| ||Format||Pages||Price|| |
|5||$45.00||  ADD TO CART|
|Hardcopy (shipping and handling)||5||$45.00||  ADD TO CART|
Significance and Use
The data obtained by this test method are useful for establishing stress versus failure-time relationships in a controlled environment. The long-term strength (LTS) is determined primarily for materials used in molding applications. The LTS categorized in accordance with Table 1 of ASTM D2837 is known as the SDB (strength design basis).
Note 1—These SDB values will be published in PPI TR-4 for materials used in molding applications only.
The test method can also be used on an experimental basis for pipe-grade materials as an indicator of stress-rupture performance. The long-term strength or SDB values obtained by this test method are not intended to replace the HDB determined for pressure pipe tested in accordance with Test Method D1598.
In order to determine how plastics will perform in pipe fitting applications, it is necessary to establish the stress-failure time relationships over four or more decades of time (hours) in a controlled environment. Because of the nature of the test and specimens employed, no single line can adequately represent the data, and therefore the confidence limits should be established.
Note 2—Some materials may exhibit a nonlinear relationship between log-stress and log-failure time, usually at short failure-times. In such cases, the 105 - hour stress value computed on the basis of short-term test data may be significantly different than the value obtained when a distribution of data points in accordance with Test Method D2837 is evaluated. However, these data may still be useful for quality control or other applications, provided correlation with long-term data has been established.
1.1 This test method covers the requirements to determine the time-to-failure of thermoplastic resins for piping applications by uniaxial loading of a grooved tensile test specimen. This grooved tensile specimen achieves a multi-axial stress condition, which mimics the stress condition found in pressurized solid-wall plastic pipe. The ratio of the stress in the axial direction to the transverse direction approximates that for a pressurized solid-wall pipe specimen.
1.2 It is intended that the data generated on these specimens be analyzed according to the methodology set forth in Test Method D2837 to generate a long-term strength design value for the material.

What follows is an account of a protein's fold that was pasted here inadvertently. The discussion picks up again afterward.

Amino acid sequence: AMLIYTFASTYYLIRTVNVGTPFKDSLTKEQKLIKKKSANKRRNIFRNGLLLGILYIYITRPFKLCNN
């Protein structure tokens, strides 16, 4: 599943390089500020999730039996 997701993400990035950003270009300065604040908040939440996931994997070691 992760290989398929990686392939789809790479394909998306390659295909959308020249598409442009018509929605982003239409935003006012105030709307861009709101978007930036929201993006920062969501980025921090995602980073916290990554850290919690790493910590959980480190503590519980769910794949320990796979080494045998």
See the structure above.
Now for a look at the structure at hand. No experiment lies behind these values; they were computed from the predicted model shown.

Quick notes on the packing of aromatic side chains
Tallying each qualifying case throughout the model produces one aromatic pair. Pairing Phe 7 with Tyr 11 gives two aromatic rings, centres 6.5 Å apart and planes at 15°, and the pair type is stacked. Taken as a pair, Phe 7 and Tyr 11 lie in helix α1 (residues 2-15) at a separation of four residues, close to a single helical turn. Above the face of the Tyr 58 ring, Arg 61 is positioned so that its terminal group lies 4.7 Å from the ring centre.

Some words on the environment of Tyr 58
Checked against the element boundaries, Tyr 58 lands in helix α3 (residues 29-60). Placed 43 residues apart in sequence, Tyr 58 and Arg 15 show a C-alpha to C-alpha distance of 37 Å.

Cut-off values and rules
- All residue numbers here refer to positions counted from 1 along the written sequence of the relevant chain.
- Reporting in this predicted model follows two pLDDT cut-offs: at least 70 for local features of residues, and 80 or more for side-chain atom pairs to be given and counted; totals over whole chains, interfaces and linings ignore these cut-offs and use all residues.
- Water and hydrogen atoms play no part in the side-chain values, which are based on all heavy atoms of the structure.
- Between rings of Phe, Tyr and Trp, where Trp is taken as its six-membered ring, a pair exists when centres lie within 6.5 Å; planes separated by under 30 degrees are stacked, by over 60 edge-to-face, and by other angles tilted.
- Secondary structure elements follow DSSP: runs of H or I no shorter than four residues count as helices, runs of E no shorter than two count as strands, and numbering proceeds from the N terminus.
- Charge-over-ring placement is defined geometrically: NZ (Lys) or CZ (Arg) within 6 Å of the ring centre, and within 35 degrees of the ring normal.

1.3 The values stated in SI units are to be regarded as the standard. The values given in parentheses are for information only.
1.4 This standard does not purport to address all of the safety concerns, if any, associated with its use. It is the responsibility of the user of this standard to establish appropriate safety and health practices and determine the applicability of regulatory limitations prior to use.
2. Referenced Documents (purchase separately) The documents listed below are referenced within the subject standard but are not provided as part of the standard.
D1598 Test Method for Time-to-Failure of Plastic Pipe Under Constant Internal Pressure
D1600 Terminology for Abbreviated Terms Relating to Plastics
D1928 Practice for Preparation of Compression-Molded Polyethylene Test Sheets and Test Specimens
D2837 Test Method for Obtaining Hydrostatic Design Basis for Thermoplastic Pipe Materials or Pressure Design Basis for Thermoplastic Pipe Products
D2990 Test Methods for Tensile, Compressive, and Flexural Creep and Creep-Rupture of Plastics
D4703 Practice for Compression Molding Thermoplastic Materials into Test Specimens, Plaques, or Sheets
F412 Terminology Relating to Plastic Piping Systems
Other DocumentPPI TR-4 HDB Listed Materials Available from Plastics Pipe Institute (PPI), 105 Decker Court, Suite 825, Irving, TX 75062, http://www.plasticpipe.org.
ICS Number Code 83.080.01 (Plastics in general)
UNSPSC Code 13102000(Thermoplastic plastics)
|Link to Active (This link will always route to the current Active version of the standard.)|
ASTM F2018-00(2010), Standard Test Method for Time-to-Failure of Plastics Using Plane Strain Tensile Specimens, ASTM International, West Conshohocken, PA, 2010, www.astm.orgBack to Top